The Urburb: Patterns of Contemporary Living is a new book that accompanies The Israeli Pavilion at The 14th annual Venice Biennale of Architecture. The Urburb – a neologism referring to the mesh of the urban and suburban – characterizes the great majority of residential areas in contemporary Israel.
As a repercussion of one hundred years of modernist planning, a fragmented mosaic composed of the early twentieth century garden-city, agrarian settlements, mid-20th-century social housing, and the generic residential typologies of the past two decades.The Israeli Urburb appears as a fortress of homogeneity and calmness, yet in the context of past traumas and present anxieties, this edition looks beyond the repetition, and seeks to analyze the architecture as a psychic technique designed to assuage possible eruptions.The installation as a whole can be compared to a modern day sand clock. An allegory of temperance, The installation includes four printers, customized for the pavilion’s space, which draw images on desert sand, and then erase them. Every few minutes a new image replaces the previous one. Together they tell the stories of one hundred years of modernist construction in Israel. From the Ottoman period through the British Mandate to Palestine, visitors enter the construction site that became modern day Israel.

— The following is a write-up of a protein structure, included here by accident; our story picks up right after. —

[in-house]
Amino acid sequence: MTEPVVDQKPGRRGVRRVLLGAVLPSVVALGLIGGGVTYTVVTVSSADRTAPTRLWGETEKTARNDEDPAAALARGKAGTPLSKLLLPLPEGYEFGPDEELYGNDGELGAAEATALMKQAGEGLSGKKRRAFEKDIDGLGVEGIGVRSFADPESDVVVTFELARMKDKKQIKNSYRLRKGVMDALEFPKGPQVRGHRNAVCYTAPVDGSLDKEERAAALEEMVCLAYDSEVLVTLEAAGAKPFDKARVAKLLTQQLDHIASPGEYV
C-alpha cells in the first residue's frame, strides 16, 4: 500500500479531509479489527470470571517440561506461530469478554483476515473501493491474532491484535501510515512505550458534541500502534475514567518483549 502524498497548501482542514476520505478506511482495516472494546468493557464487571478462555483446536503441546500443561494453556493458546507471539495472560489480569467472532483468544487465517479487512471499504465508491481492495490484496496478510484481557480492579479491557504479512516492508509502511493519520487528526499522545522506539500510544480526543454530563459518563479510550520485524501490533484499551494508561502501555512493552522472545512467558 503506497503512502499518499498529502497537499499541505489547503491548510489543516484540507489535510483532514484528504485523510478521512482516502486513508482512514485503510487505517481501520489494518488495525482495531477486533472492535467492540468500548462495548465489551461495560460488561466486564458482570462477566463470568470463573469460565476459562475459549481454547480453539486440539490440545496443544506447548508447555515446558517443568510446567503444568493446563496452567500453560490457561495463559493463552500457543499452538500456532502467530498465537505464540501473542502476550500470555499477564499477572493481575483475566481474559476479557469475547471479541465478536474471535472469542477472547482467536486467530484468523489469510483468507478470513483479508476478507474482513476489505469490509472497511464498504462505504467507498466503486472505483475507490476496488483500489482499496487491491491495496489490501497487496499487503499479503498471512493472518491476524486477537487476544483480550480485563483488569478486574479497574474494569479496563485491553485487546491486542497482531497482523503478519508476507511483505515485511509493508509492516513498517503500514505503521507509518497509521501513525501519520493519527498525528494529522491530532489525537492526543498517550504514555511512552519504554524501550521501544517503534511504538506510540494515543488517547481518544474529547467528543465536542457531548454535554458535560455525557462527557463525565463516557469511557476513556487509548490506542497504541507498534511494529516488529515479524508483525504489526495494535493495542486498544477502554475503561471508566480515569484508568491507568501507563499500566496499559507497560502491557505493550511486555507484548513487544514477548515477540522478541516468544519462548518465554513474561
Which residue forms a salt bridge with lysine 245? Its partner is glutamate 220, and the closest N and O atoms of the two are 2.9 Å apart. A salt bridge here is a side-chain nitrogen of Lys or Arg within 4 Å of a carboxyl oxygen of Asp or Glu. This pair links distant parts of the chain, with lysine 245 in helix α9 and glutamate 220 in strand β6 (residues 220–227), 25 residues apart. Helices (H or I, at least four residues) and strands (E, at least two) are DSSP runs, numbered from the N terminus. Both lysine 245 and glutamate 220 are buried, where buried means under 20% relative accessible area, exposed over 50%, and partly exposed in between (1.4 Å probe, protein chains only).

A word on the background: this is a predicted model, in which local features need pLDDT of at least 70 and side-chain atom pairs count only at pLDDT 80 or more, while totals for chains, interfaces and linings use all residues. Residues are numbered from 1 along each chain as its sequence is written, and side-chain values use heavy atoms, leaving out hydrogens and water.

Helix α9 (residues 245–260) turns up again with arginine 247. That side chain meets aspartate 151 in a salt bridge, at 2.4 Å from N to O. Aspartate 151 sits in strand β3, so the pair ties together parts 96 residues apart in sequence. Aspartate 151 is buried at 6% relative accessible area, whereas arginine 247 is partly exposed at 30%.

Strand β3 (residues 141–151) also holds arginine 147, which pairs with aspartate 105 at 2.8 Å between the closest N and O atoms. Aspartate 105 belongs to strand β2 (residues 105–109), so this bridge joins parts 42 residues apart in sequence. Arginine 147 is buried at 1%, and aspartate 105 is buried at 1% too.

The book brings together photographs of the installation, architectural photography, and other contemporary artworks, interspersed amongst theoretical texts and short stories which address the philosophical, cultural, political, economic and social aspects of the Urburban way of life. The book also features ten scenarios which document the Urburb’s progression in terms of the country, the city, the neighborhood and the building. Contributors include Roy Brand, Ori Scialom, Keren Yeala Golan, Amos Oz, Julia Fermentto, Eyal Sagui Bizawe, Zvi Efrat, Eshkol Nevo, Shimon Adaf.